It also found market rate tenants had a longer tenure in their unit than rent-controlled. For example, it found that 53% of rent-controlled tenants had moved in the previous 5 years, but only 38% of market rate. It found that 15% of market-rate tenants had been in their units for 20 years or more, but only 10% of rent-controlled.

          These are just the opposite of what is most often claimed in comments on SS. As the report summary states:

          “While it might be expected that households would be less mobile in rent-controlled units due to the desire to keep lower rents, households in market rate units were actually less likely to have moved recently than those in either rent-controlled or subsidized/assisted units.”

          Unless there is some other survey or data, the so called landlord lore remains not only unsupported but counter-indicated by all the known data. A fiction to aid landlord narratives, but counter to fact.

          • Posted by SFrentier

            Sounds like a bullsh!t study to me made up by some pro RC clowns. Zero credibility. You’re just a shill for the Rent Control Industrial Complex.

          • Posted by Jake

            Once again SFrentier provides an excellent example of denialism, from wikipedia:

            “In human behavior, denialism is exhibited by individuals choosing to deny reality as a way to avoid dealing with an uncomfortable truth. Author Paul O’Shea remarks, “[It] is the refusal to accept an empirically verifiable reality. It is an essentially irrational action that withholds validation of a historical experience or event”.”

            FWIW, this survey was reviewed by the San Francisco Apartment Association. You can find their remarks on it on their website, along with their remarks on the survey of landlords (namelink) done at the same time by the same researchers. The surveys feed into the official San Francisco Affordable Housing Study commissioned by the Board of Supervisors.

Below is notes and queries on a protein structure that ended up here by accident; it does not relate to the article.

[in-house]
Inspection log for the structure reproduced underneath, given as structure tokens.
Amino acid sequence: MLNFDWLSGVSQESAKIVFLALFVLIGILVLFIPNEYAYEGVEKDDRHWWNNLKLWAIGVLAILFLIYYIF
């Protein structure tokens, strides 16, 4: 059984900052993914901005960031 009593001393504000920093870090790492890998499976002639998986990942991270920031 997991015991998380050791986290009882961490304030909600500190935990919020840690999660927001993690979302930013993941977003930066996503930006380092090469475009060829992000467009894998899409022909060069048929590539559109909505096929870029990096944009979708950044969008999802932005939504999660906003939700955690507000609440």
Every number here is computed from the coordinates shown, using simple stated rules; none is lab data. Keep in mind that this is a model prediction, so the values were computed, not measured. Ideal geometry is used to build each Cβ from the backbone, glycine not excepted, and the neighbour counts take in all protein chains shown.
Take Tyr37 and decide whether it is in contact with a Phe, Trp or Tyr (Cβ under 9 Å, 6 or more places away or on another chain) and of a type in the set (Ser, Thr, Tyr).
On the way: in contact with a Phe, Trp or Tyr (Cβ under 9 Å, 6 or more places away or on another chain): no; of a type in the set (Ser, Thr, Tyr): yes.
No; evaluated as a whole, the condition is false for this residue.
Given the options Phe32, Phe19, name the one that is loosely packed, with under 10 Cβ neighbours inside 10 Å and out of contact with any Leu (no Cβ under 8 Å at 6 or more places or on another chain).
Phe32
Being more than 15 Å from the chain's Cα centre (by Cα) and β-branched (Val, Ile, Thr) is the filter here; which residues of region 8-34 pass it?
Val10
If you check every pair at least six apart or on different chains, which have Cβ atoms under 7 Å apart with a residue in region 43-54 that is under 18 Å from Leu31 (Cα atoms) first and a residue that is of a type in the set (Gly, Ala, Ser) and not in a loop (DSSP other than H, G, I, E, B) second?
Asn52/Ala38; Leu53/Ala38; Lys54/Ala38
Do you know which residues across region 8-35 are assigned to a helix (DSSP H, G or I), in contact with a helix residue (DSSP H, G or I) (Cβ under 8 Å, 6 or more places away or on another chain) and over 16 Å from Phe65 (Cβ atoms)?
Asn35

FYI, I don’t even like rent control and have posted many times on SS that it is a bad way to accomplish what good it does. Nevertheless, I am a trained scientist willing to follow the data where it leads and reluctant to draw strong conclusions without supporting data.

            With a little more intellectual honesty and bravery, you could do the same. All you have to lose is your blind ignorance and nasty attitude.

          • Posted by SFrentier

            No jake, I speak from experience and common sense knowing the rental market here. It’s not that complicated to understand. And, you still haven’t given a good rebuttal to my comments above, about the significant (read: market changing) impact new renters coming in over the past 5 years, and how they are gliding on cheap RC. You keep ignoring the marginal changes, which really dictate market rent.
            It’s you, with your idiot-geek “scientist” delusion that gets in the way of understanding reality.

          • Posted by anon

            “And, you still haven’t given a good rebuttal to my comments above, about the significant (read: market changing) impact new renters coming in over the past 5 years, and how they are gliding on cheap RC. ”

            But isn’t that the point. Rents have been high for a while now, it’s really hard to see that anyone getting rents from the past 5 years is under hardship.

            And longer term, highly paid tech bros seem like they’ll eventually move on and move out, change jobs get married and the like.

            Doesn’t seem like much of a scandal to have a bunch of tech bros paying 2012 rent’s.

          • Posted by SFrentier